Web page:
Corn silked was 70 percent, compared to 27 last year and over one week ahead of 38 average. Corn in the dough stage was 8 percent, compared to 1 last year and 2 average. Corn conditions declined and rated 9 percent very poor, 18 poor, 30 fair, 39 good, and 4 excellent, well below last year’s 82 percent good to excellent and 79 average. Irrigated corn conditions rated 63 percent good to excellent and dryland corn rated 16. Soybeans blooming were 64 percent, ahead of 35 last year and 11 days ahead of 42 average. Soybeans setting pods was 13 percent, ahead of 2 last year and 5 average. Soybean conditions rated 7 percent very poor, 16 poor, 43 fair, 33 good, and 1 excellent, well below last year’s 81 percent good to excellent and 77 average.
Missouri: Corn crop condition declined precipitously while soybeans hung on for a good rain. Although there were widely scattered showers across the eastern 2/3 of the state, continued dry weather allowed 6.6 days suitable for fieldwork. Although unthinkable, topsoil moisture declined to 84 percent very short, 14 percent short, and 2 percent adequate. Creek beds, streams, and pools were dry. Subsoil moisture followed suit with 78 percent very short, 20 percent short, and 2 percent adequate. Corn silked was 88 percent, 12 days ahead of last year, and 15 days ahead of normal. Corn dough stage and beyond was 43 percent, 15 days ahead of last year, and 17 days ahead of normal. Corn dented 12 percent, 16 days ahead of last year, and 18 days ahead of normal. Corn condition was 38 percent very poor, 34 percent poor, 21 percent fair, 6 percent good, and 1 percent excellent. The northeast, west-central, central, and southwest districts rated 80 percent or greater poor and very poor. A portion of the corn meant to be harvested for grain, will be cut for silage due to the low yield and to meet the growing demand for livestock feed. Soybeans blooming and beyond were 45 percent, 1 week ahead of 2011 and 10 days ahead of normal. Soybeans setting pods and beyond were 7 percent, 4 days ahead of last year, and 5 days ahead of normal. Soybean condition was 25 percent very poor, 34 percent poor, 31 percent fair, 9 percent good, and 1 percent excellent. The northwest and central districts rated 70 percent poor and very poor, followed by the north-central district at 60 percent poor and very poor.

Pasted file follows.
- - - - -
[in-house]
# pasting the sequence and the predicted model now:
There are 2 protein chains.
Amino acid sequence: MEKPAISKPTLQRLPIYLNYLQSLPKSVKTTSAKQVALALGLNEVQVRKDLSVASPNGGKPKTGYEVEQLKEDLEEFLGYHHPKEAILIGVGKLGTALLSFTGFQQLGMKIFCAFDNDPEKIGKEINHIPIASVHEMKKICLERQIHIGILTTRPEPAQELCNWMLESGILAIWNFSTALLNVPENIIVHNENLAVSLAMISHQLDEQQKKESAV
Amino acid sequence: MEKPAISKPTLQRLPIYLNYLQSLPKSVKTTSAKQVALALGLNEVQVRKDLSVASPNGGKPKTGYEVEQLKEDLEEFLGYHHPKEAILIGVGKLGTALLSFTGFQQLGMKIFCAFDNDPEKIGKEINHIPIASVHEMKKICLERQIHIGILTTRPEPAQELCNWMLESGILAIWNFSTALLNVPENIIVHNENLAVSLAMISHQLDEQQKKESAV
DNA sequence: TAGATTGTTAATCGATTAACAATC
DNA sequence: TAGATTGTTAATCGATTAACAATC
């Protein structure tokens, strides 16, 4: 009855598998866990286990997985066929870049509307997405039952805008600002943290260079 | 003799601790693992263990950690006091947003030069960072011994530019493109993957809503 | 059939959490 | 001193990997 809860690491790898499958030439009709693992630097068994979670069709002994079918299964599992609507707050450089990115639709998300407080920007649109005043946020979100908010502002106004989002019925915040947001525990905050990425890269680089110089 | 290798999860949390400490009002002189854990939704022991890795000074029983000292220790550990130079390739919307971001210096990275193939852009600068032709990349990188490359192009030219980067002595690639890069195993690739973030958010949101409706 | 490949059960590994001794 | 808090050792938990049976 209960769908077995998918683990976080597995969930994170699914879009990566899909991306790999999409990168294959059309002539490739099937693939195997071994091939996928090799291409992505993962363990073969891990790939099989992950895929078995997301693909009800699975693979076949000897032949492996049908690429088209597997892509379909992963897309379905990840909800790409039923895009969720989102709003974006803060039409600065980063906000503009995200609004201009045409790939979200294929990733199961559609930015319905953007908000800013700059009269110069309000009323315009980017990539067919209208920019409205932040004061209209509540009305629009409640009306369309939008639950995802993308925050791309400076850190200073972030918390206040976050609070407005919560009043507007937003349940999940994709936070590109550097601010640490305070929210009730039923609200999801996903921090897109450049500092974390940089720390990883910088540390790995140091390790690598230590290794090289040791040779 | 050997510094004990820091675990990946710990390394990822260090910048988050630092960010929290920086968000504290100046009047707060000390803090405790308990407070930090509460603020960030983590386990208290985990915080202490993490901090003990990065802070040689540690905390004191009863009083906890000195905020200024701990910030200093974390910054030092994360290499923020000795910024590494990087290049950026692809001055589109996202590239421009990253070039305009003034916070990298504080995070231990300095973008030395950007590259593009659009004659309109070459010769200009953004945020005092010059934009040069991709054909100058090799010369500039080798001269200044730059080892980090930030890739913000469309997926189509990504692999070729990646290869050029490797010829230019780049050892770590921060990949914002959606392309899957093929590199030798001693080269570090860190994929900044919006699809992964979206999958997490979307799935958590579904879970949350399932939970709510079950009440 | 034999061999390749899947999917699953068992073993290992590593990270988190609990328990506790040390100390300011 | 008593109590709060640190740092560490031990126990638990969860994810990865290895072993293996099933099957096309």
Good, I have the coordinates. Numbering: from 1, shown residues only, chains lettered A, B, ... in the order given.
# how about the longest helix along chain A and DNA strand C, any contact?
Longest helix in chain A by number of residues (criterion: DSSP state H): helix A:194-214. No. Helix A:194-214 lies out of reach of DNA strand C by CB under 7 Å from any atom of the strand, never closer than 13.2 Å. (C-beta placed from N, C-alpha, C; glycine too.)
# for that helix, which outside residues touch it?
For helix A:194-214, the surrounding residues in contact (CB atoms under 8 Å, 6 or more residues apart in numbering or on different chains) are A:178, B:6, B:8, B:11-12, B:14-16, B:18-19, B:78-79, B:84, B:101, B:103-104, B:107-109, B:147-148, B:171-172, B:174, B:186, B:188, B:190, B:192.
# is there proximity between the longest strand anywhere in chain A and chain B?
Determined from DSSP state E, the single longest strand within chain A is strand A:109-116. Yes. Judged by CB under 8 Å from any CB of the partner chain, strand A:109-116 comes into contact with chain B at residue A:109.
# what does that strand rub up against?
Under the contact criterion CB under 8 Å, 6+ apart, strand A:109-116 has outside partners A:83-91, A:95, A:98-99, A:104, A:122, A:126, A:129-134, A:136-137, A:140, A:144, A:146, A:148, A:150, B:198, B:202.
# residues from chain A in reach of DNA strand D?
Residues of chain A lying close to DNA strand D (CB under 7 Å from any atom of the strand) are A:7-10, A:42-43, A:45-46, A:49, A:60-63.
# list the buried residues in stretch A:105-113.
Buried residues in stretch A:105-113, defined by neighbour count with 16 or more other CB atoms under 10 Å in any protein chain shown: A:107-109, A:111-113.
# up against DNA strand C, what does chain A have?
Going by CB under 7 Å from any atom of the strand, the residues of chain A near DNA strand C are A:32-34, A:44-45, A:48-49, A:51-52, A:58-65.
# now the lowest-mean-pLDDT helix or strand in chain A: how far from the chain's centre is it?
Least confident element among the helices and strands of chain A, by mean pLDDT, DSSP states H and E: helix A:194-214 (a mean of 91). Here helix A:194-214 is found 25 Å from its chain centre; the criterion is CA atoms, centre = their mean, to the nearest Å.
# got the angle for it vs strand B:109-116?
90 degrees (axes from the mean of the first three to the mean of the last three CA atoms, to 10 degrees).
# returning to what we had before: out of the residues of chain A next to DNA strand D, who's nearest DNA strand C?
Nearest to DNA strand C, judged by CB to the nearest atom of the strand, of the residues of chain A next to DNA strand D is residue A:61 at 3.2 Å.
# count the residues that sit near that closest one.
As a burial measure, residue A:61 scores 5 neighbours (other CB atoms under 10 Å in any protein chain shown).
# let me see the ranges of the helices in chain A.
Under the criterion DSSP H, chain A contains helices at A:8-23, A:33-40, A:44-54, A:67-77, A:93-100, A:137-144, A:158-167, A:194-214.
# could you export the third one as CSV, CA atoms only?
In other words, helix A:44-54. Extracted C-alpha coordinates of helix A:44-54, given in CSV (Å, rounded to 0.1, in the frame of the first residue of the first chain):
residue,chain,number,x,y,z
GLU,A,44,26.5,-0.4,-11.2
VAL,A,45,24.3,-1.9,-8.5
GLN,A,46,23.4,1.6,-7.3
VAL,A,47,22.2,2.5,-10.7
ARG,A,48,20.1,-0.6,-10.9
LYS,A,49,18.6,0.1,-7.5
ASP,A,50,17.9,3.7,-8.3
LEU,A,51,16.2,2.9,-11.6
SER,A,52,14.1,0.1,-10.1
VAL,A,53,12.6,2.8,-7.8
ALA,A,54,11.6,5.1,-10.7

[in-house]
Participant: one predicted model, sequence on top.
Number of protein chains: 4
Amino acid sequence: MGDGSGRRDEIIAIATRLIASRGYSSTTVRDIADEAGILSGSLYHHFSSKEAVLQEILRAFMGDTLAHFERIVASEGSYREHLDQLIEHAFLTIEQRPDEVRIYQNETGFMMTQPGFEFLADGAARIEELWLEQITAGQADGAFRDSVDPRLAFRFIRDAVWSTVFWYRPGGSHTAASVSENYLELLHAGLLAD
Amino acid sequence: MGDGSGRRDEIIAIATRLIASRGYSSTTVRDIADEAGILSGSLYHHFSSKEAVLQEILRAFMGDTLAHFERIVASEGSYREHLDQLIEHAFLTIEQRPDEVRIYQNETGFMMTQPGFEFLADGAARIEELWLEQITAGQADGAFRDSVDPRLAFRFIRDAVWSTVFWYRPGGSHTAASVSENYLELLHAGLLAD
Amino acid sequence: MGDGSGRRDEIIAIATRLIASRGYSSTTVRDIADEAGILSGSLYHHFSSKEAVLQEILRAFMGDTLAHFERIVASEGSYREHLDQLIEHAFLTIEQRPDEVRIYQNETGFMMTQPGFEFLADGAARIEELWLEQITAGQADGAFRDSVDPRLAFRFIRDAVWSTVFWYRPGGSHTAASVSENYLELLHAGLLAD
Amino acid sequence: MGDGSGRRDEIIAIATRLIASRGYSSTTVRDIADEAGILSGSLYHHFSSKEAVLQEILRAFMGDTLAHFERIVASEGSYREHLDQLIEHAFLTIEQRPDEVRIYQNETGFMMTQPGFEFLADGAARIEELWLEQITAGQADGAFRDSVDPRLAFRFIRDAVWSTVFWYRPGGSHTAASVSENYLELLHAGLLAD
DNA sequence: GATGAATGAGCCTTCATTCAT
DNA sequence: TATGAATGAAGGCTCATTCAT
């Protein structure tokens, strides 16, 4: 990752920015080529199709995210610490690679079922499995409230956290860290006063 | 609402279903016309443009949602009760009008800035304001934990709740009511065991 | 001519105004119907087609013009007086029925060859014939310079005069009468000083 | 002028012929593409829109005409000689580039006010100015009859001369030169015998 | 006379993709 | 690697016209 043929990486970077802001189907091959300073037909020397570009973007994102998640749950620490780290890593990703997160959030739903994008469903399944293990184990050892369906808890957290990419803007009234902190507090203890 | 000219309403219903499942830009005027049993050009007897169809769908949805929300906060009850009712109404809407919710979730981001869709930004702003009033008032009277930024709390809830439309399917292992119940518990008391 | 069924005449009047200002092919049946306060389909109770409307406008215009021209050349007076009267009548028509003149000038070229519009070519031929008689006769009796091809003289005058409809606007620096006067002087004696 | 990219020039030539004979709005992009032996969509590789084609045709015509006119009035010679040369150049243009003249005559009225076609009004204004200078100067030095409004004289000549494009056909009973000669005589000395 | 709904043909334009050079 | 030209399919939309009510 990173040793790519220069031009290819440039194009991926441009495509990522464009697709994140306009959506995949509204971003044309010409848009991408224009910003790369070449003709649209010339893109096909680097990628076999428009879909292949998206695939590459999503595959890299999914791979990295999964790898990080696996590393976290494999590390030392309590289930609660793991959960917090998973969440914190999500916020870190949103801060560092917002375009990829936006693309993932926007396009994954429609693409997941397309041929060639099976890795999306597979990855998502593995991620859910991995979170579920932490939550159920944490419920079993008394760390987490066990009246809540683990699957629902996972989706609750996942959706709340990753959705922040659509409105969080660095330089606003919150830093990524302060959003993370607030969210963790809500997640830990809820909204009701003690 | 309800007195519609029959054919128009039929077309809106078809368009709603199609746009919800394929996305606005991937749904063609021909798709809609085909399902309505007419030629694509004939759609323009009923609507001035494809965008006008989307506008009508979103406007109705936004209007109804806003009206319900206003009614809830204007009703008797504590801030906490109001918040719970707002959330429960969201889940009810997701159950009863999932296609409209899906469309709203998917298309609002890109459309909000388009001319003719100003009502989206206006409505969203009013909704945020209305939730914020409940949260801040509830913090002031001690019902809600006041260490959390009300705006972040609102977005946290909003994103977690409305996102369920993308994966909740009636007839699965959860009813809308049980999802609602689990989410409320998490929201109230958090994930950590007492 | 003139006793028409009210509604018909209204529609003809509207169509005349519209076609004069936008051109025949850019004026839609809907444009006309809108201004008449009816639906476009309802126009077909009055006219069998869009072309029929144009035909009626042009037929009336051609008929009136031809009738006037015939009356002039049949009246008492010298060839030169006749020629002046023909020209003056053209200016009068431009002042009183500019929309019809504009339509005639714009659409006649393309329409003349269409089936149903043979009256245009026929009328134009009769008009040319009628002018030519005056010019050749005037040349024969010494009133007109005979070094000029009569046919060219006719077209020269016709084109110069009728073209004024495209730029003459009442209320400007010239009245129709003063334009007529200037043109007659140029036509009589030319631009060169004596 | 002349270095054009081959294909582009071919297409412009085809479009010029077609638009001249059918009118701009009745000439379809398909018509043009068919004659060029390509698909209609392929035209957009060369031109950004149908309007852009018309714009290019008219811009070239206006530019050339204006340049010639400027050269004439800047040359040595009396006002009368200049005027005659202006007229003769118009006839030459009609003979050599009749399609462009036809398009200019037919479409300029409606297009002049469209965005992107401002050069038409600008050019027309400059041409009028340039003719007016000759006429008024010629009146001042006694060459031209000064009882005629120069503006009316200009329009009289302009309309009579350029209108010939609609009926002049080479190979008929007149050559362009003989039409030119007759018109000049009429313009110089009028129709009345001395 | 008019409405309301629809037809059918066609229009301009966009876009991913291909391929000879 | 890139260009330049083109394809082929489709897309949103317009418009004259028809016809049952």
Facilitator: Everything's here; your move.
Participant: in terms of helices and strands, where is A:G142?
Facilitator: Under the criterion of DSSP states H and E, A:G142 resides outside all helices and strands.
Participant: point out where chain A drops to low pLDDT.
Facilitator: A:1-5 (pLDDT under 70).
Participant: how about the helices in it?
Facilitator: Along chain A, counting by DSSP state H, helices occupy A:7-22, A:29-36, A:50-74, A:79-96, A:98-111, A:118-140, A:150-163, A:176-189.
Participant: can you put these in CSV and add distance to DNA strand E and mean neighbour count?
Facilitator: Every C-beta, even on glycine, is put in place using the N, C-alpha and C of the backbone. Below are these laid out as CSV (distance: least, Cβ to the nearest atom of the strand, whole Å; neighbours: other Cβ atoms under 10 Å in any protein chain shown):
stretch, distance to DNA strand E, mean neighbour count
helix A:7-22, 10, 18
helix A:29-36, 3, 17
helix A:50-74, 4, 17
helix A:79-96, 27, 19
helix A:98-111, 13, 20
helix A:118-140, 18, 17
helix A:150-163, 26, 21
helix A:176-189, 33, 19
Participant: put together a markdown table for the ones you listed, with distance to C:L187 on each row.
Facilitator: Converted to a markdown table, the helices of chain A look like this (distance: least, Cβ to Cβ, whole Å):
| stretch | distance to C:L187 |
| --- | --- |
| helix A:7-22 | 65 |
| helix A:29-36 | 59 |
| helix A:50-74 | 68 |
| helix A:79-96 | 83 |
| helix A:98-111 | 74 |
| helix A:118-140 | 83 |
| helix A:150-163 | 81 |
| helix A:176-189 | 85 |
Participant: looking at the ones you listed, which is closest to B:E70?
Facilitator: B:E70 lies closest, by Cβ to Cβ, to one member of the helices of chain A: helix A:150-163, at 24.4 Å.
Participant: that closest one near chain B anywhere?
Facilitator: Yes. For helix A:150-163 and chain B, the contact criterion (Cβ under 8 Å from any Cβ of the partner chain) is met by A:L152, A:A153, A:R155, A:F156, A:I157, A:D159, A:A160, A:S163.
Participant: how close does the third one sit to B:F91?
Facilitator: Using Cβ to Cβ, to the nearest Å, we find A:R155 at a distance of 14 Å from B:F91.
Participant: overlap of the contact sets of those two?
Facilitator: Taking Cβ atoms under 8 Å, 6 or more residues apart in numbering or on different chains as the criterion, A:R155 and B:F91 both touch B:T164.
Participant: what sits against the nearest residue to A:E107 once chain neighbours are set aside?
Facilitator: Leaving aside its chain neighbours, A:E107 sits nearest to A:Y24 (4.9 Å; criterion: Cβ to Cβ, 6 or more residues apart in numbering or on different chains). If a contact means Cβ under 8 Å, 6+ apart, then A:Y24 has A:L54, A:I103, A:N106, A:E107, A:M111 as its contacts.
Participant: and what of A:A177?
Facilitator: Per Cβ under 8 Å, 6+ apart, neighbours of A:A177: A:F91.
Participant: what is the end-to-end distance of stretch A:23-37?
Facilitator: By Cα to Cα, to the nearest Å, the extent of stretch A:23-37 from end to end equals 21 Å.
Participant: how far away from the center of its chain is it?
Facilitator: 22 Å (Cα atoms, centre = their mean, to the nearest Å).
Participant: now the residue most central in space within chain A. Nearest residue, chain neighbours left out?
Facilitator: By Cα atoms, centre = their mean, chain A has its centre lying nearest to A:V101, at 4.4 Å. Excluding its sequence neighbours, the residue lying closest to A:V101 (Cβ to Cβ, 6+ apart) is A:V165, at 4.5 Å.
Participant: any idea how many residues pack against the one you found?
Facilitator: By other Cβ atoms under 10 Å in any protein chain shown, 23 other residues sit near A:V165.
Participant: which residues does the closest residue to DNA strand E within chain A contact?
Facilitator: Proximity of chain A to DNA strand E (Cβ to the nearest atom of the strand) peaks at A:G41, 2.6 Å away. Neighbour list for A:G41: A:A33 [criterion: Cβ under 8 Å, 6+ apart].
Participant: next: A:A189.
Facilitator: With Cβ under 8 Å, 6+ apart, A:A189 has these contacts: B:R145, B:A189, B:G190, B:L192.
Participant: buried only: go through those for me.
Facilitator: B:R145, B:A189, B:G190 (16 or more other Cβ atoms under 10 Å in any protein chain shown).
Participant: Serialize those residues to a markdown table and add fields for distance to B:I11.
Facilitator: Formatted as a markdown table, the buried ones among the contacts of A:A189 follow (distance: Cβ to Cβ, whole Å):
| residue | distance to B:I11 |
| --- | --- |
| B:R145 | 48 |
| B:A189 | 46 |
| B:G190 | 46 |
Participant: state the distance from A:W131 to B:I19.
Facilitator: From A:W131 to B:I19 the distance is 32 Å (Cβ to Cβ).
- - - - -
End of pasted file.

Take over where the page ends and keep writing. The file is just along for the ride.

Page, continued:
Ohio: The average temperature for the State was 75.2 degrees, 1.8 degrees above normal for the week ending Sunday, July 15, 2012. Precipitation averaged 0.27 inches, 0.71 inches below normal. There were 155 modified growing degree days, 5 days below normal. Reporters rated 6.8 days suitable for fieldwork during the seven-day period ending Friday, July 13, 2012. Topsoil moisture was rated 63 percent very short, 31 percent short, 6 percent adequate, and 0 percent surplus. Conditions throughout the state are hot and dry, which has continued to put significant stress on both crops and livestock. There has been some rain this week, most has been spotty and duration short. Field activities for the week were baling hay, harvesting oats, spraying, mowing CRP, and manure application to wheat fallow acres. As of Sunday July 15th, 67 percent of corn was silked (tasseled), which was 62 percent ahead of last year and 38 percent ahead of the five-year average. Corn in dough was rated at three percent, two percent ahead of the five-year average. The soybean crop was 60 percent blooming, compared to 9 percent last year and 39 percent for the five-year average. Six percent of the soybean acreage was setting pods, which was five percent ahead of last year and one percent ahead of the five-year average.